lobe bronchus (arrow) is demonstrated, excluding a proximal obstructive lesion. (b) High resolution volume imaging of a patient with bronchiectasis of the left lower lobe. The dilated bronchi are clearly demonstrated in a coronal image of the left lung.


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Multislice CT of the lung



Figure 2. (a) Benign stricture of the trachea (arrow) complicating endotracheal intubation is shown clearly in a three-dimensional
(3D) image (solid cast). (b) Stricture of the distal part of the right main bronchus and the origin of the bronchus intermedius (arrow) post lung transplantation is shown clearly with 3D imaging (solid cast). (Continued)

The quality of the images was comparable with that produced with the standard single-slice high resolution CT technique. Arakawa et al [9] compared coronal reformatted images (1.9 mm slice thickness at 5 mm intervals) produced by MSCT following scanning the lungs using 461 mm collimation with axial (1 mm slice thickness at 10 mm intervals) HRCT images produced by the singleslice standard CT technique. They found that coronal images were comparable with axial HRCT in the assessment of diffuse lung disease and revealed additional information regarding lesion conspicuity and distribution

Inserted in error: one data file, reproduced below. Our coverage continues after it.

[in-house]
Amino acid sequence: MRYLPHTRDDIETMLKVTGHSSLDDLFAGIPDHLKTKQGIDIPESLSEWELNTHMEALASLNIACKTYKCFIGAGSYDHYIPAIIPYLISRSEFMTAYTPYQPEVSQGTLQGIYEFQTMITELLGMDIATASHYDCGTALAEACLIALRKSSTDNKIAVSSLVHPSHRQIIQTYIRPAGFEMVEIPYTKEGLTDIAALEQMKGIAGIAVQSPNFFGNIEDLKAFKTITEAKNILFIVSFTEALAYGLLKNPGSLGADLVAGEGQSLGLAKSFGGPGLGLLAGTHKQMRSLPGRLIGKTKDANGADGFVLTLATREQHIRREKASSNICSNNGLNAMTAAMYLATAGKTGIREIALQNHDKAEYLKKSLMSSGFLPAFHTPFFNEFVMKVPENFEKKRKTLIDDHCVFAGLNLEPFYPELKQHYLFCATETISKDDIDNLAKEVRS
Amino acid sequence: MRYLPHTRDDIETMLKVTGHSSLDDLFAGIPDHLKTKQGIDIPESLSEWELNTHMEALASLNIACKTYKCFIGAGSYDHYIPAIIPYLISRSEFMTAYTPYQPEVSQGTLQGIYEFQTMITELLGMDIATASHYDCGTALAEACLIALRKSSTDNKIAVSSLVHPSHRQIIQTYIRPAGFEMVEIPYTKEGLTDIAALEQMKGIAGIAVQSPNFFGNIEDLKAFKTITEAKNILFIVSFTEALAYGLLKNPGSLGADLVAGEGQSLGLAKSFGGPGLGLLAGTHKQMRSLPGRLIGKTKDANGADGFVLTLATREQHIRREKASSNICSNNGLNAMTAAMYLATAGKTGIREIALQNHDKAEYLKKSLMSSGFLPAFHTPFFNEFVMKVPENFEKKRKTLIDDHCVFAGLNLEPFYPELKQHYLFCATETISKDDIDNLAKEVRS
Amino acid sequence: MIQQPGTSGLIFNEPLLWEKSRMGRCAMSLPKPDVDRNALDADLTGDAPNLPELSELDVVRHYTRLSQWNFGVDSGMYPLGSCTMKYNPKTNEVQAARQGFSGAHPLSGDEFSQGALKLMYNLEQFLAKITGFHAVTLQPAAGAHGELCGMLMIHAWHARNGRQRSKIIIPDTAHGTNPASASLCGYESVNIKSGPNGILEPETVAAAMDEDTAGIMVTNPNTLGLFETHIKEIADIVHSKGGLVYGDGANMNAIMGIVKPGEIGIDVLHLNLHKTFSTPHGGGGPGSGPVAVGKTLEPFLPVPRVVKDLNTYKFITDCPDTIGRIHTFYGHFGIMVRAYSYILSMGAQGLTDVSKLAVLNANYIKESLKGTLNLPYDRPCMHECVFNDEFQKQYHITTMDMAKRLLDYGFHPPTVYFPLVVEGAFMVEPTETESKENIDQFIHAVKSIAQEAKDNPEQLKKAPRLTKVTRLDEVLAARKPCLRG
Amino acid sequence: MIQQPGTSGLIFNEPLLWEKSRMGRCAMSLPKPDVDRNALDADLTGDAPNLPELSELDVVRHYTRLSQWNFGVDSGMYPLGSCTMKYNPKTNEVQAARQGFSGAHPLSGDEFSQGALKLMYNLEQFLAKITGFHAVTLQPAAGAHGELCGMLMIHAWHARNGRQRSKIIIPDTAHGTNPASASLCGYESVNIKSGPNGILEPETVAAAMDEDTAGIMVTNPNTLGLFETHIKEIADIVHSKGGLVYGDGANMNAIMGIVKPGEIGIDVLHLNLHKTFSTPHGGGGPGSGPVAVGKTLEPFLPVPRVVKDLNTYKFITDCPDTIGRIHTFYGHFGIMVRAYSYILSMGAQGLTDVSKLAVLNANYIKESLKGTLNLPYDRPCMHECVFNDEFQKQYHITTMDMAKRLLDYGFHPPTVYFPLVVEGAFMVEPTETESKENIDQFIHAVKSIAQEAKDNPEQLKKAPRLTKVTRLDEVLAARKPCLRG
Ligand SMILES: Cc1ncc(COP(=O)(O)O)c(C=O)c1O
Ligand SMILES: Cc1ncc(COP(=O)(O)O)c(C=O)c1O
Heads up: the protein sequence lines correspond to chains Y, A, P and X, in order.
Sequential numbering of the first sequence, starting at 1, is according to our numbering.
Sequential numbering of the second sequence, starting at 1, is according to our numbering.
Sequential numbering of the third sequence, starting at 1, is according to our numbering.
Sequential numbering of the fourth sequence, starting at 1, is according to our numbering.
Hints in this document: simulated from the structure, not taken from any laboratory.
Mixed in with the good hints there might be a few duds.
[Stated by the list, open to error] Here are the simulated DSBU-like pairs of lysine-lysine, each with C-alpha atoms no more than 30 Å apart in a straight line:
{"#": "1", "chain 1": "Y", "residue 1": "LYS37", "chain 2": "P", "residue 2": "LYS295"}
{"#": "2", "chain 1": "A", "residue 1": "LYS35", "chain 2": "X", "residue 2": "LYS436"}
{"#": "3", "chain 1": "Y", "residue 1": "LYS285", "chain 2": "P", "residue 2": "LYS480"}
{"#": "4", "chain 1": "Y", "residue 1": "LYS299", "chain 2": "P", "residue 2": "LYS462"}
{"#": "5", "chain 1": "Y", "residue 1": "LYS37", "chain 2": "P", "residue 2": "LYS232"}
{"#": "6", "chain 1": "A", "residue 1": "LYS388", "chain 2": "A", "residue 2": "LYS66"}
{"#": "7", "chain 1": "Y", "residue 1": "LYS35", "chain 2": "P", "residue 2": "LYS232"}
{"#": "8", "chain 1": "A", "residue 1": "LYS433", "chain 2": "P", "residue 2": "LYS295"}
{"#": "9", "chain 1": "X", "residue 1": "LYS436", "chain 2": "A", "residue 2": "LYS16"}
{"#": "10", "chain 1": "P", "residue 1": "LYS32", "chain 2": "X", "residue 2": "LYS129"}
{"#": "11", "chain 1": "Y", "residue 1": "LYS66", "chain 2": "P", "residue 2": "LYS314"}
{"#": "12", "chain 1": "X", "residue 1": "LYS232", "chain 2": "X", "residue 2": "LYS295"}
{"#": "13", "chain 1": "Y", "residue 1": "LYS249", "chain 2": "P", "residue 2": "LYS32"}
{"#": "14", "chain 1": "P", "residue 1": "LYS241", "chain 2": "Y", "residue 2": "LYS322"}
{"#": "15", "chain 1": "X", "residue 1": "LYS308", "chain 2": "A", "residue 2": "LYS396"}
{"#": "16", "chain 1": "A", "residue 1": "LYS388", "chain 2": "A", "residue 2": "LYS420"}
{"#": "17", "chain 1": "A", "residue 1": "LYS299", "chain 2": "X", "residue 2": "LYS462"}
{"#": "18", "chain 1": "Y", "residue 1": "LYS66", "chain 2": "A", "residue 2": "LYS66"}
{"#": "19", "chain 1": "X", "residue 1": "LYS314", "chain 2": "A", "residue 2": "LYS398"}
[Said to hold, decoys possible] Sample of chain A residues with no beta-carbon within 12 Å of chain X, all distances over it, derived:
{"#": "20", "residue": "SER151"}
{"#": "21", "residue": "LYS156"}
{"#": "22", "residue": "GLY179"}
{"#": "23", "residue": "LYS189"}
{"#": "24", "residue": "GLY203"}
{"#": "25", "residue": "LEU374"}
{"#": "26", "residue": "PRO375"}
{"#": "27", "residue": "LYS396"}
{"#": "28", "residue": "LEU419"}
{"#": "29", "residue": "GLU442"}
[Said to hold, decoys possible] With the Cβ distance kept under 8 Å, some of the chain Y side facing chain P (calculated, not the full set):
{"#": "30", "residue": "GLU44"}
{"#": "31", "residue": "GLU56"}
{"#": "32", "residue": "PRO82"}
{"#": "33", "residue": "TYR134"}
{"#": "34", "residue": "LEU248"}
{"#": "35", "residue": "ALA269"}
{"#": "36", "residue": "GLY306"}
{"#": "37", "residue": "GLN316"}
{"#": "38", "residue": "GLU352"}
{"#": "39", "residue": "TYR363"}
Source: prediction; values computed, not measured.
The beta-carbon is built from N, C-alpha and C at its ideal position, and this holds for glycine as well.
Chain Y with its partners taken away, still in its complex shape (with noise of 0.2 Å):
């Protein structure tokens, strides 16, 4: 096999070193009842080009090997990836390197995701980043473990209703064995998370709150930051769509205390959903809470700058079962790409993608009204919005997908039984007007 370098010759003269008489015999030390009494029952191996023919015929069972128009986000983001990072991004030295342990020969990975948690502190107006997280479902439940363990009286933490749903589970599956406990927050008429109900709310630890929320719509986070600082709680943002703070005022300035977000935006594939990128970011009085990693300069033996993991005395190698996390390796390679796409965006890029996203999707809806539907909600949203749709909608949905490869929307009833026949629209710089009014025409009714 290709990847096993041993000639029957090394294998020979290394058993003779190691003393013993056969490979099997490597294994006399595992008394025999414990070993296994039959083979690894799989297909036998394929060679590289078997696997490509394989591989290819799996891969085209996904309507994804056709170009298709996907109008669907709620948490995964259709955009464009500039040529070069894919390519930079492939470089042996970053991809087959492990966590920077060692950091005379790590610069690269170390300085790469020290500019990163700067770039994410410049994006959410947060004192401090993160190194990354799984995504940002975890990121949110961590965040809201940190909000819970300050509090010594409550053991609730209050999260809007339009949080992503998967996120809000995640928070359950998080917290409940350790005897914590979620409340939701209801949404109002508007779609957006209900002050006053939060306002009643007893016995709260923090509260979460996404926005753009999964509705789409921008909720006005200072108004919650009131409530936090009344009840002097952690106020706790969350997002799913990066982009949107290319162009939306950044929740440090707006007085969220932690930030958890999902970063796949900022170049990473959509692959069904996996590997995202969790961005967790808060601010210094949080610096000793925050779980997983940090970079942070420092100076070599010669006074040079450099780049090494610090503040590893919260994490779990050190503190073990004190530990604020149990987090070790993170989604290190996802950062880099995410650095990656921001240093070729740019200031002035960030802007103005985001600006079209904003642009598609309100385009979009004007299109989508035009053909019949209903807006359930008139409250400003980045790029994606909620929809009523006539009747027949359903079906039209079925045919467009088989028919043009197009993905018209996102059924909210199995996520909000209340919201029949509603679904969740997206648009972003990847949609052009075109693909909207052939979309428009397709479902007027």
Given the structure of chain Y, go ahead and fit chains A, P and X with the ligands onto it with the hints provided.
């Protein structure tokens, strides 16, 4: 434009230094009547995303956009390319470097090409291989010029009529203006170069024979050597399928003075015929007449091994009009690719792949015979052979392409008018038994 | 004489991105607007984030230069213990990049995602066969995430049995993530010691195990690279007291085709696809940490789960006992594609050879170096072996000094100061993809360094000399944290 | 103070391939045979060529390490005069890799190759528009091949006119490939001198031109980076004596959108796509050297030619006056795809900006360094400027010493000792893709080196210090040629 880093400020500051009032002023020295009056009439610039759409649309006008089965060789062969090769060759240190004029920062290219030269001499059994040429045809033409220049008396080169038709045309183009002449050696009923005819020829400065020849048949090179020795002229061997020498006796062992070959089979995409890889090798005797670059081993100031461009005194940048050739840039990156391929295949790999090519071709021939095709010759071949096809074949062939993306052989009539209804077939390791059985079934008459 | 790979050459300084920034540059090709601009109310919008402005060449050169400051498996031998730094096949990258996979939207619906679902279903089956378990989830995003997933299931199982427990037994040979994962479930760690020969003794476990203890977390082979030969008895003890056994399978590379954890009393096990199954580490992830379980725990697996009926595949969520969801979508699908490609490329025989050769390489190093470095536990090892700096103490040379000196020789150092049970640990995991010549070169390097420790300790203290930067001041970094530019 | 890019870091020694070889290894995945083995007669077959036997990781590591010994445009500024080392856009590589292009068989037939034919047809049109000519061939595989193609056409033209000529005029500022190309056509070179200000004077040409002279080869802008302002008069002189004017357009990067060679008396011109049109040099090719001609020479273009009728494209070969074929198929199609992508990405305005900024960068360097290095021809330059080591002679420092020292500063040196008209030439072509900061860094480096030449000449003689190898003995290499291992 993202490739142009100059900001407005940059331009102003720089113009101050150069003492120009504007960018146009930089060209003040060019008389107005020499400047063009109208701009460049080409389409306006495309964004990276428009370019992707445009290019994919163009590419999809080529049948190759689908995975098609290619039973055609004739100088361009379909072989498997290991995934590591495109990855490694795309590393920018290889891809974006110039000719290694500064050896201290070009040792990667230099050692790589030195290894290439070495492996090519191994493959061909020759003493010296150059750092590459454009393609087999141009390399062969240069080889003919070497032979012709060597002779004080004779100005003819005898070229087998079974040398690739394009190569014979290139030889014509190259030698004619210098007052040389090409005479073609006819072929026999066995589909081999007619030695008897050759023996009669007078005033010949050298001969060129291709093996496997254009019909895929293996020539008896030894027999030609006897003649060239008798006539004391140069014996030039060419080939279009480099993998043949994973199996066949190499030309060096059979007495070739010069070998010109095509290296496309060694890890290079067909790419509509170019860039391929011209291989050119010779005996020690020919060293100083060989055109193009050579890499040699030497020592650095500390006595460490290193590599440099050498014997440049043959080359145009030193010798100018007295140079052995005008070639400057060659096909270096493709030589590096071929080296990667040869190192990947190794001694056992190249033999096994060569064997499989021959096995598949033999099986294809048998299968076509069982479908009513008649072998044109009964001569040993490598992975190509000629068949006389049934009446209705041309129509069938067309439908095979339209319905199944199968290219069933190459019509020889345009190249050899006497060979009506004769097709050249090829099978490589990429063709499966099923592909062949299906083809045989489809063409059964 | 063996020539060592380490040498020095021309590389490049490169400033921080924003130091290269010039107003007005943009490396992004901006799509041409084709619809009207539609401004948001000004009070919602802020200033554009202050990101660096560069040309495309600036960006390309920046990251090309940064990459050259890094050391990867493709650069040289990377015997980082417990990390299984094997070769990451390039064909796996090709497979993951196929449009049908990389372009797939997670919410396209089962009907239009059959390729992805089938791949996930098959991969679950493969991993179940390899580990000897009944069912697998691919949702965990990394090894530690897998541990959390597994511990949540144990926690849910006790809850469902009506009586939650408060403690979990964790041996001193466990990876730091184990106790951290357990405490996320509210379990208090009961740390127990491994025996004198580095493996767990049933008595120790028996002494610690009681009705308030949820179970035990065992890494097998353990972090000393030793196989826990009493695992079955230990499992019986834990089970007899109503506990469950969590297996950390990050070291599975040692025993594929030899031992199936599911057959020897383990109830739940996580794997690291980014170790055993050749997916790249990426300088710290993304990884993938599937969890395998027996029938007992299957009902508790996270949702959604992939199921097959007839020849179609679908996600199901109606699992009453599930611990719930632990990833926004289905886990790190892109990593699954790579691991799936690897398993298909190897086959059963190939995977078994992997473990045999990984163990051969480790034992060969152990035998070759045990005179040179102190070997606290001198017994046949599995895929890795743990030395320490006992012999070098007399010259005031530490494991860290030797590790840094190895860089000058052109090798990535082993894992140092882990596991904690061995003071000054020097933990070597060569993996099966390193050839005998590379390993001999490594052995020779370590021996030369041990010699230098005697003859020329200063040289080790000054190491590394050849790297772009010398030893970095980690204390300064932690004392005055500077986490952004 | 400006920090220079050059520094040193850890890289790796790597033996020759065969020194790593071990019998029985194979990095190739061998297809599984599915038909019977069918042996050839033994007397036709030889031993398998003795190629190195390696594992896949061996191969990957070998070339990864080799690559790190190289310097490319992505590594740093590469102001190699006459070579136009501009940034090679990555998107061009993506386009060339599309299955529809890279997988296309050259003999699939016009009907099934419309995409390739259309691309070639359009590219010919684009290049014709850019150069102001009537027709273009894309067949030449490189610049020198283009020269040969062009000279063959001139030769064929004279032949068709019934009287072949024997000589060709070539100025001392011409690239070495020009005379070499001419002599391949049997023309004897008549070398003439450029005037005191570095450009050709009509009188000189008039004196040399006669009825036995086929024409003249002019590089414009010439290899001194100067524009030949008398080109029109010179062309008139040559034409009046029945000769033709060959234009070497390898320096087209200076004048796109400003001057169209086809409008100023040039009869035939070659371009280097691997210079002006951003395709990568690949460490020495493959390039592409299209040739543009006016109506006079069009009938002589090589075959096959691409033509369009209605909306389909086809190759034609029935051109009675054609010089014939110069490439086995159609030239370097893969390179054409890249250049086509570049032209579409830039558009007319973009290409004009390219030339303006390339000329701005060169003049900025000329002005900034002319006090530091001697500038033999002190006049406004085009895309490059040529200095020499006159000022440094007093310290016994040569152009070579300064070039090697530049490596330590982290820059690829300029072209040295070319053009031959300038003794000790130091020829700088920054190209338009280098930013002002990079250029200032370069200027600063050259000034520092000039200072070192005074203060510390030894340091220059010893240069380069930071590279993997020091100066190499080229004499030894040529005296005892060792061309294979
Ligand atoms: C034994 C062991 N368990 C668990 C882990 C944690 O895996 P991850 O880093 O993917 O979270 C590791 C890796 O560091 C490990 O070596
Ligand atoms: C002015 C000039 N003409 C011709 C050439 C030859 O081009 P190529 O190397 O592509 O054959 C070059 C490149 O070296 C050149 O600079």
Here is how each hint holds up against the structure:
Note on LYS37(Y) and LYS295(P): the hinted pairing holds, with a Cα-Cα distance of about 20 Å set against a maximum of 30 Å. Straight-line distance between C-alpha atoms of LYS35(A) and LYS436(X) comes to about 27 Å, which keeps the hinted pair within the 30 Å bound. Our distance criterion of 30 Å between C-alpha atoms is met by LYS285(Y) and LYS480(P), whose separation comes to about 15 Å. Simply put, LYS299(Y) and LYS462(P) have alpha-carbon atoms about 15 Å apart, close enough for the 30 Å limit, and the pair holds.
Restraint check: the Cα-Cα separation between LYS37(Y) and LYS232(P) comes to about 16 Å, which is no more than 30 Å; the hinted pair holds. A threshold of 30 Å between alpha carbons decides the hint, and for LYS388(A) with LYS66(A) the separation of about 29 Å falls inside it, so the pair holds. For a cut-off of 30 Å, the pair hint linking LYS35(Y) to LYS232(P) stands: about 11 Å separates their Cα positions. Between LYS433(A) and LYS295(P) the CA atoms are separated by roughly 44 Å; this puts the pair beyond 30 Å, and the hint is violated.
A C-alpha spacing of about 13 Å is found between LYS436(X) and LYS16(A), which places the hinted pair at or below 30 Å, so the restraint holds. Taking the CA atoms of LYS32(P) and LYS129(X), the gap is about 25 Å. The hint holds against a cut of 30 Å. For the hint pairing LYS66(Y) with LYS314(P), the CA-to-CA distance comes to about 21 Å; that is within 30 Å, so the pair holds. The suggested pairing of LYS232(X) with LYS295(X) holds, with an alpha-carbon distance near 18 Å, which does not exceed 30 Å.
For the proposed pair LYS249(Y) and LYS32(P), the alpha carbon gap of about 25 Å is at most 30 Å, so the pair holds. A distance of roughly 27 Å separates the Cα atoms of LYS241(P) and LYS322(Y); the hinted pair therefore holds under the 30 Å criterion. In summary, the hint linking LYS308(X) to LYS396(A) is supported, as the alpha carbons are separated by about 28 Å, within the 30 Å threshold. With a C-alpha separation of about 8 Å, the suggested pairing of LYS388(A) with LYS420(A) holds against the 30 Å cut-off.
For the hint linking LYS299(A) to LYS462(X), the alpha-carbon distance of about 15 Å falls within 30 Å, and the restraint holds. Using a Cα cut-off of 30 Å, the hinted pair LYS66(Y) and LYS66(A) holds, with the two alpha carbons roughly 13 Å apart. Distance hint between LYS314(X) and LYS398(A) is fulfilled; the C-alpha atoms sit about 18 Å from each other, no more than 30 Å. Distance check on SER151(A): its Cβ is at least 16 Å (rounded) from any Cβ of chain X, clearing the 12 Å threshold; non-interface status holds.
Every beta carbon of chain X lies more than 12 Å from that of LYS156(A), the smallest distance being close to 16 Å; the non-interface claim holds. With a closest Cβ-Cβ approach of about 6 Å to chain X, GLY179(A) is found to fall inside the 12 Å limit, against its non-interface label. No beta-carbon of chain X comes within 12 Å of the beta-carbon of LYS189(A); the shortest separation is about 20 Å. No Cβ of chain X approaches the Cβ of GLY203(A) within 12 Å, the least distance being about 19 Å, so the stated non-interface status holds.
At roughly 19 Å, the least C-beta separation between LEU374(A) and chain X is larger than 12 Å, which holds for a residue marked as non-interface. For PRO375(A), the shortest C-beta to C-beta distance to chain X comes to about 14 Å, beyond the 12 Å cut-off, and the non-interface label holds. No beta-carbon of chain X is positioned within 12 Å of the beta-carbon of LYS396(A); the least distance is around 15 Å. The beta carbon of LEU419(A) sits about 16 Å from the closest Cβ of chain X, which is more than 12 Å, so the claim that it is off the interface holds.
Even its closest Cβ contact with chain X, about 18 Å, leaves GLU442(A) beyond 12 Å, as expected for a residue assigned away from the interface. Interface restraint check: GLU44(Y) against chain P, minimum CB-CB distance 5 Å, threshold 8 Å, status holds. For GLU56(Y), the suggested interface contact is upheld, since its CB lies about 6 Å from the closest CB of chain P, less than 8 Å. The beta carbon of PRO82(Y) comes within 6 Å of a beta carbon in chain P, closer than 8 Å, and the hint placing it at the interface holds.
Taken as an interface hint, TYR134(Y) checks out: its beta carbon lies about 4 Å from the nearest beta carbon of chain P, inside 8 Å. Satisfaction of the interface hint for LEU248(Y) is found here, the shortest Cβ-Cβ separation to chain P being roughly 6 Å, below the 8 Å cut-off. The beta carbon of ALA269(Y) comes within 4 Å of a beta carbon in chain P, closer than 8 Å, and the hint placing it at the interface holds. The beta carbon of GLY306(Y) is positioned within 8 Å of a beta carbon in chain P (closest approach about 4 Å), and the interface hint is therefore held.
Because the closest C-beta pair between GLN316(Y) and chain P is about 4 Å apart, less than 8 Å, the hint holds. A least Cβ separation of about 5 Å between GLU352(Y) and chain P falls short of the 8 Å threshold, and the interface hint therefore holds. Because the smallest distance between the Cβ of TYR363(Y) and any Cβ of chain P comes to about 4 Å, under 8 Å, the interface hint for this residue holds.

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in 22% of cases. In another study, Remy-Jardin et al [11] concluded that coronal imaging alone could be used to accurately assess inltrative lung disease. The vertical predominance of lung changes was more precisely assessed by this approach compared with axial imaging alone. In addition, coronal imaging allowed a signicant reduction in the number of images. In our experience, MPR in assessing diffuse inltrative parenchymal lung disease did not add important new diagnostic information compared with axial imaging alone (Figure 3). However, sagittal and coronal images were very helpful in assessing the

W K Chooi and S K Morcos